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Paternal Occupational Exposure to Radiofrequency Electromagnetic Fields and Risk of Adverse Pregnancy Outcome

Geir Mjøen, Dag Ottar Sætre, Rolv T. Lie, Tore Tynes, Karl Gerhard Blaasaas, Merete Hannevik and Lorentz M. Irgens
European Journal of Epidemiology
Vol. 21, No. 7 (2006), pp. 529-535
Published by: Springer
Stable URL: http://www.jstor.org/stable/20445720
Page Count: 7
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Paternal Occupational Exposure to Radiofrequency Electromagnetic Fields and Risk of Adverse Pregnancy Outcome
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Abstract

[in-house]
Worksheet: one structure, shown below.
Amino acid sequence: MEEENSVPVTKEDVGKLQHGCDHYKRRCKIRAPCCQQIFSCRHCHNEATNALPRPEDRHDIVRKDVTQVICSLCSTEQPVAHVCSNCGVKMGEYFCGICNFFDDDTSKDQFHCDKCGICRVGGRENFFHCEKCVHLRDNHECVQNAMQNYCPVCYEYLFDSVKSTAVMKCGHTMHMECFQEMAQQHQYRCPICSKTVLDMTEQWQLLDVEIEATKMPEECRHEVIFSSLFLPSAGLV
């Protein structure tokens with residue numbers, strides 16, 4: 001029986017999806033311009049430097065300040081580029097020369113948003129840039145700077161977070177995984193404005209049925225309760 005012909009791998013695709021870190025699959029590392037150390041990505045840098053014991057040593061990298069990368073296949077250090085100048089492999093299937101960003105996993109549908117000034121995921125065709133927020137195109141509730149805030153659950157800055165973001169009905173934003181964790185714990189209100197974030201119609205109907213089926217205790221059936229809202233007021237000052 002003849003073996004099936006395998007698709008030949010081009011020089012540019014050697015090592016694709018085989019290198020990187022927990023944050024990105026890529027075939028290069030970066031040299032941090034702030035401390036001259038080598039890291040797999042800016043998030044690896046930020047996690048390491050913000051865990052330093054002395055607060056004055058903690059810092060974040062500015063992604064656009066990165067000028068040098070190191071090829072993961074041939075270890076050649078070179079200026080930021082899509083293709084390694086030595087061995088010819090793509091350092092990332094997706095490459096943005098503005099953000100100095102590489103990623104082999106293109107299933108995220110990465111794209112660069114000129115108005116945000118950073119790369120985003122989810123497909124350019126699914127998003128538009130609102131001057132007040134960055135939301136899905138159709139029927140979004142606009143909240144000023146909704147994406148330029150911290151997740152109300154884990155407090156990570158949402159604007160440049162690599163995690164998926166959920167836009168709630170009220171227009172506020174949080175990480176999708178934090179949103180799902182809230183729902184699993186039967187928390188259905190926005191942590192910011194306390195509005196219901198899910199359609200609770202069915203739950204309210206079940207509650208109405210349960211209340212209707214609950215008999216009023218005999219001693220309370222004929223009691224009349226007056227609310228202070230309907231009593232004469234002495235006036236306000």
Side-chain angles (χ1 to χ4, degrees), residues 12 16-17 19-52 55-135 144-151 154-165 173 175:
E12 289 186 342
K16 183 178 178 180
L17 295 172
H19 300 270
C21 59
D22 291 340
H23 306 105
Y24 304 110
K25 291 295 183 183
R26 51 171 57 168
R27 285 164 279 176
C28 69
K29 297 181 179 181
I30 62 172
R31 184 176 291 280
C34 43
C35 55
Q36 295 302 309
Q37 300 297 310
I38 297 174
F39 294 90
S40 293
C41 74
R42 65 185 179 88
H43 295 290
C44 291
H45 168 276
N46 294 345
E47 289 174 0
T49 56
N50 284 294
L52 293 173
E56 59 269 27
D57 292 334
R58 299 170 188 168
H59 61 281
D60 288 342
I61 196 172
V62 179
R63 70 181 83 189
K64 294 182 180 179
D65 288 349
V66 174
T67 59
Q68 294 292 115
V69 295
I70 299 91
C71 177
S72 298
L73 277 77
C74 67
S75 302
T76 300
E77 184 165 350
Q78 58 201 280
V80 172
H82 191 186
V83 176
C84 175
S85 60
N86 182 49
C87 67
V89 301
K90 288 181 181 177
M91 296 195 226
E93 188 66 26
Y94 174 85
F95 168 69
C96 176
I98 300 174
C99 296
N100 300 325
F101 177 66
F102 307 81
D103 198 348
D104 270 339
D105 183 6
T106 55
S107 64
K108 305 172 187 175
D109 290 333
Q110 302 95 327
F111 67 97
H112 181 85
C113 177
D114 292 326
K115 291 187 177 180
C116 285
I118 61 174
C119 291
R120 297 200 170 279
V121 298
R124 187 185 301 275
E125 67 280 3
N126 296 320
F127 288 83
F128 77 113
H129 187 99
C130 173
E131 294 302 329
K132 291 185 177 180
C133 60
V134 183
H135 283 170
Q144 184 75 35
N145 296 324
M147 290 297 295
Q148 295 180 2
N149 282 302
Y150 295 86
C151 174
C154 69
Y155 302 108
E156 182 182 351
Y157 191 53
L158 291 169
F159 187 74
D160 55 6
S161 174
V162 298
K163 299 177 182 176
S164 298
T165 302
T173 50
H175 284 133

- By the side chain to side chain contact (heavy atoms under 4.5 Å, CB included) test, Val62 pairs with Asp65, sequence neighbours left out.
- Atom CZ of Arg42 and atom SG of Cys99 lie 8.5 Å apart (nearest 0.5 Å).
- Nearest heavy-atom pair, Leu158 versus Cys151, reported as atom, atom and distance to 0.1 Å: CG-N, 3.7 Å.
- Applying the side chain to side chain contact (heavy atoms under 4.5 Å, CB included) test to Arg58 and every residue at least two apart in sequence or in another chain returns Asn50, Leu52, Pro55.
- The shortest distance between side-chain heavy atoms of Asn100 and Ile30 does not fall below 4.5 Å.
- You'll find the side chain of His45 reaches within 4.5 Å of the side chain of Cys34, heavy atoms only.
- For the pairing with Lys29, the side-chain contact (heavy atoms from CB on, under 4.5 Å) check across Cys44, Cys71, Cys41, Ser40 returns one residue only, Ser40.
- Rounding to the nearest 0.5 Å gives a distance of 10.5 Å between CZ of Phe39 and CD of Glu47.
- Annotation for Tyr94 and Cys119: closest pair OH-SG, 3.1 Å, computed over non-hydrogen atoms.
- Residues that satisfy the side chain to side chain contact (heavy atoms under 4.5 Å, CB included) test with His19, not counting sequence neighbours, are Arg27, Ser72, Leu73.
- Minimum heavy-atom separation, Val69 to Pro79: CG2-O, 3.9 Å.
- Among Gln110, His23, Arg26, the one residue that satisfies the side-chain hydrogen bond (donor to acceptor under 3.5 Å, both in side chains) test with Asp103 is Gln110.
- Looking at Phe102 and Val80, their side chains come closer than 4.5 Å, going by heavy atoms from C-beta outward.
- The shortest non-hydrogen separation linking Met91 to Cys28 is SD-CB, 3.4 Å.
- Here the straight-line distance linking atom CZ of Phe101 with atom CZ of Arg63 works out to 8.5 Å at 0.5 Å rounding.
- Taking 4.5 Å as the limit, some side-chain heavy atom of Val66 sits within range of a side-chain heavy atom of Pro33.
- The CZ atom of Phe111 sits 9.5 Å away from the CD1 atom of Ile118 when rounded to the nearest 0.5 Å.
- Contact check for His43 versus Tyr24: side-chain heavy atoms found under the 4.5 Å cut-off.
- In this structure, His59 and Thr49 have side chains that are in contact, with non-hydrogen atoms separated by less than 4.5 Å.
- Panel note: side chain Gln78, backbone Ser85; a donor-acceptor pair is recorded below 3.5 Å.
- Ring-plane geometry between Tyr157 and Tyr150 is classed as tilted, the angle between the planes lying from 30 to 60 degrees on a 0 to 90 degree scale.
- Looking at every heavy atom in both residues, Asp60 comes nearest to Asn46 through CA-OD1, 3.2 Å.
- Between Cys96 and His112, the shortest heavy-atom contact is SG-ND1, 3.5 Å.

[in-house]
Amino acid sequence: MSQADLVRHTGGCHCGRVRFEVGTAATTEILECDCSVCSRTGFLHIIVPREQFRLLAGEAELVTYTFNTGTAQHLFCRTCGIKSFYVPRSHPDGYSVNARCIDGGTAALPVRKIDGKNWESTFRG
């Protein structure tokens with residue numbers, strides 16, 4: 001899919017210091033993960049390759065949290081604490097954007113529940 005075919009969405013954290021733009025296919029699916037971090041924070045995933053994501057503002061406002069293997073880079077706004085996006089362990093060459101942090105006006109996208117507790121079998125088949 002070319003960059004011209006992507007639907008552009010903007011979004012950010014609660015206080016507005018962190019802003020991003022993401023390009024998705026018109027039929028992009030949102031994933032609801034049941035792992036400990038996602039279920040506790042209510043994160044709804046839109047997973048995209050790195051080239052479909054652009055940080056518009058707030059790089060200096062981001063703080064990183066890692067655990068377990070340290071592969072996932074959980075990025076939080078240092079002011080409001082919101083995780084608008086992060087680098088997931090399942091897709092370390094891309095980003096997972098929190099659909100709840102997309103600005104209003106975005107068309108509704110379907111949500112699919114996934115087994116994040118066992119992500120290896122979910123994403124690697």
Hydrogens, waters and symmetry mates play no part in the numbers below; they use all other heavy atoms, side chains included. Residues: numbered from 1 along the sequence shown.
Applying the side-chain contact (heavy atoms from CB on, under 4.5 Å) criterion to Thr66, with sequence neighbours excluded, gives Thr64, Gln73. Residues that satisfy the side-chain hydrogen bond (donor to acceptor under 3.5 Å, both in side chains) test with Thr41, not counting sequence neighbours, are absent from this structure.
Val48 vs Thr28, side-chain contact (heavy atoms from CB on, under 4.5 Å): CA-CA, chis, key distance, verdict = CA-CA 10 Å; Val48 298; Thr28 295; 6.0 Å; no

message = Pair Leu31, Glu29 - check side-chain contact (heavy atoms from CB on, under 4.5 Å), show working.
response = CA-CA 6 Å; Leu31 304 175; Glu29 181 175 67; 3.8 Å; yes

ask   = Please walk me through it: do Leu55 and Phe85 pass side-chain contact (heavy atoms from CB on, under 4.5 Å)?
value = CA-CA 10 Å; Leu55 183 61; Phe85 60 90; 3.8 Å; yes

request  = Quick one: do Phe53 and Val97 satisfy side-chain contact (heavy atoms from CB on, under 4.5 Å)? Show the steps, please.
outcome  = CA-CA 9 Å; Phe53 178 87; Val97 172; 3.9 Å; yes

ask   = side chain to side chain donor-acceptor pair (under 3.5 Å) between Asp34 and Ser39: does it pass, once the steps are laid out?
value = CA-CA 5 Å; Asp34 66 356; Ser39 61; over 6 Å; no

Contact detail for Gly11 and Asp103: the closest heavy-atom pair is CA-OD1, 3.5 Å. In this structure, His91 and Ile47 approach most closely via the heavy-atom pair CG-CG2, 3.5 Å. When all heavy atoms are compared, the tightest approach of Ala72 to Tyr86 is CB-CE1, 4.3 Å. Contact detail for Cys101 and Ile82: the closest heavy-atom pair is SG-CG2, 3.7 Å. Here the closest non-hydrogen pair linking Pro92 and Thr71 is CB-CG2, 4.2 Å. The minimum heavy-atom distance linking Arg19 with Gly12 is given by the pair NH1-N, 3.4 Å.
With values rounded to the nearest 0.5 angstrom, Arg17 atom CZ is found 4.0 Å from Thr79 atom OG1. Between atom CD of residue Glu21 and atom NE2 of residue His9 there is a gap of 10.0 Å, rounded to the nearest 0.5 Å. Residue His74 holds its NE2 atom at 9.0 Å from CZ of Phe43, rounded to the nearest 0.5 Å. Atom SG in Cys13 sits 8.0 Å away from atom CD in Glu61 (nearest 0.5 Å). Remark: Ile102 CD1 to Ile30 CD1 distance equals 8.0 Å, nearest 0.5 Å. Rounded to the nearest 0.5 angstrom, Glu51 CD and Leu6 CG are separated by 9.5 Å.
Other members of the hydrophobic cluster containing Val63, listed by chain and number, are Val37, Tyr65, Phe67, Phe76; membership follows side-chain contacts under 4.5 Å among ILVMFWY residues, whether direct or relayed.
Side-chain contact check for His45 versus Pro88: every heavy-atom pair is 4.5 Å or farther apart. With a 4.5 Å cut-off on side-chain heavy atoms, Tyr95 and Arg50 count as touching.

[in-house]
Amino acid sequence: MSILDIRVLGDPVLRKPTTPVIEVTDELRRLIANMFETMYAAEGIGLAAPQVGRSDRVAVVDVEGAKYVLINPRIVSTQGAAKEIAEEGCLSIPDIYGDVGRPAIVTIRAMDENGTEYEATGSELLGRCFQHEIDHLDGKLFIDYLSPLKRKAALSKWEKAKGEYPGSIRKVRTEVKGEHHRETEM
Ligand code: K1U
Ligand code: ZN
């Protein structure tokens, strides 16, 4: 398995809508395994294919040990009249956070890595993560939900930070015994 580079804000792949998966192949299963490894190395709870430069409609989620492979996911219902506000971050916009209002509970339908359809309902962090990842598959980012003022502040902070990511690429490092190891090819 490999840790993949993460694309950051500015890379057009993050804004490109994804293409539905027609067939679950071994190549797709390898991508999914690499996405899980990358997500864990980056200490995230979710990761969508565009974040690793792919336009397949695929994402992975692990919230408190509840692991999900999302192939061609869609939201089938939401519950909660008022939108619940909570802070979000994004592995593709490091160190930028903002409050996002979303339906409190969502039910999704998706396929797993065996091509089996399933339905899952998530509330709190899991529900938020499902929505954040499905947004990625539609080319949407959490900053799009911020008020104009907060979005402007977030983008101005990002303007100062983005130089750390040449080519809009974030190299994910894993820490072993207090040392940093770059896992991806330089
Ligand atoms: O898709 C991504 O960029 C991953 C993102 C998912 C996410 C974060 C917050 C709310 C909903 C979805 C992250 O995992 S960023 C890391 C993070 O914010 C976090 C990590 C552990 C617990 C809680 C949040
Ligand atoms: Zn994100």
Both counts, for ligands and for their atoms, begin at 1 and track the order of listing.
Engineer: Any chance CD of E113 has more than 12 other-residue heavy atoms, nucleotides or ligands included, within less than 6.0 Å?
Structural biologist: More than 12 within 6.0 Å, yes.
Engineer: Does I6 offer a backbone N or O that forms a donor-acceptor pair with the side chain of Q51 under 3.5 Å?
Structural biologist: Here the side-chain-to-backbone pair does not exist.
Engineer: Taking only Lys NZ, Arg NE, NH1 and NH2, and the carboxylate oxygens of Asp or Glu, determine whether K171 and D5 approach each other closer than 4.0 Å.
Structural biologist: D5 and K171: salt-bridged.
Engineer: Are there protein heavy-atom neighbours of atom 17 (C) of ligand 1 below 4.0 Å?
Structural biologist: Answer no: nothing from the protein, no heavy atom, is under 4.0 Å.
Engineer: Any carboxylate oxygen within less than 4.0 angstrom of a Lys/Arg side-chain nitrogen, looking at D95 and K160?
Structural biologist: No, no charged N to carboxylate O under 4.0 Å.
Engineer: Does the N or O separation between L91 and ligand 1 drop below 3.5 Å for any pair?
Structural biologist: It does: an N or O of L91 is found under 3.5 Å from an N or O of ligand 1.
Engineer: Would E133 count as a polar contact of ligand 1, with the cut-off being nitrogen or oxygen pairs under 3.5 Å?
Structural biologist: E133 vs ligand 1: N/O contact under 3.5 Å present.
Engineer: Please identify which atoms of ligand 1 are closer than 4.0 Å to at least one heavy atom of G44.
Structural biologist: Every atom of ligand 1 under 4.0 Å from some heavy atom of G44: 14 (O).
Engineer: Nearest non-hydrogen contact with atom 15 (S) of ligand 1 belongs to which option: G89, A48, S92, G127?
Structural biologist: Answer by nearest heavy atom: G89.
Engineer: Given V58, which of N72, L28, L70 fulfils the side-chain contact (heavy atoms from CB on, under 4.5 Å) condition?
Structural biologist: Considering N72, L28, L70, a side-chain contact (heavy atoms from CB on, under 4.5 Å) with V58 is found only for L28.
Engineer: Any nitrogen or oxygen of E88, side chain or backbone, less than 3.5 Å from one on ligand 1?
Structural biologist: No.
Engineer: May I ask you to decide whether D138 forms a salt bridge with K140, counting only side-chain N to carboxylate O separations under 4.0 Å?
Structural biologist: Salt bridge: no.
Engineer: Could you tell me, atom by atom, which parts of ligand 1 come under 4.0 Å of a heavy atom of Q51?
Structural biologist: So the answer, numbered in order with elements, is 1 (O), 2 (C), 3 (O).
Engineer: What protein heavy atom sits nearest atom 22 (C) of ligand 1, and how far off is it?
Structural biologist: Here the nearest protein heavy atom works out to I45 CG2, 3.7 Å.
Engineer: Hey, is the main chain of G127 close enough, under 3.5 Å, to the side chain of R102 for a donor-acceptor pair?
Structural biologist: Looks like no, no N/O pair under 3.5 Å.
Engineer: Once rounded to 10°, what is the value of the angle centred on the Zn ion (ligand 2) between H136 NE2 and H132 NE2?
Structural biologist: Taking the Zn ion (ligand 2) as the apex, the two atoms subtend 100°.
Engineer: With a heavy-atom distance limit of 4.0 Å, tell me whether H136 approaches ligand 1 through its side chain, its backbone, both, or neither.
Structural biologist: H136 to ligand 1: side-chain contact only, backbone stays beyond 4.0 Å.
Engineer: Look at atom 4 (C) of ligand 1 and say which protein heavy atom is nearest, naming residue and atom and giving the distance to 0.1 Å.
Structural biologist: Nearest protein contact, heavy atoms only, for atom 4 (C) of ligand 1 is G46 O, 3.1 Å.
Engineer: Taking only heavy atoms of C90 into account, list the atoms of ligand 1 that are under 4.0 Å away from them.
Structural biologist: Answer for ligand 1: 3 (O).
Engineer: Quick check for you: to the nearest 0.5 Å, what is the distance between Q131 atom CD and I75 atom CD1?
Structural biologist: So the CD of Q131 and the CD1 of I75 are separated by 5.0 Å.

Background: During the last decades, public concern that radiofrequency radiation (RFR) may be related to adverse reproductive outcomes has been emerging. Our objective was to assess associations between paternal occupational exposure to RFR and adverse pregnancy outcomes including birth defects using population-based data from Norway. Methods: Data on reproductive outcomes derived from the Medical Birth Registry of Norway were linked with data on paternal occupation derived from the general population censuses. An expert panel categorized occupations according to exposure. Using logistic regression, we analyzed 24 categories of birth defects as well as other adverse outcomes. Results: In the offspring of fathers most likely to have been exposed, increased risk was observed for preterm birth (odds ratio (OR): 1.08, 95% confidence interval (CI): 1.03, 1.15). In this group we also observed a decreased risk of cleft lip (OR: 0.63, 95% CI: 0.41, 0.97). In the medium exposed group, we observed increased risk for a category of "other defects" (OR: 2.40, 95% CI: 1.22, 4.70), and a decreased risk for a category of "other syndromes" (OR: 0.75, 95% CI: 0.56, 0.99) and upper gastrointestinal defects (OR: 0.61, 95% CI: 0.40, 0.93). Conclusion: The study is partly reassuring for occupationally exposed fathers.

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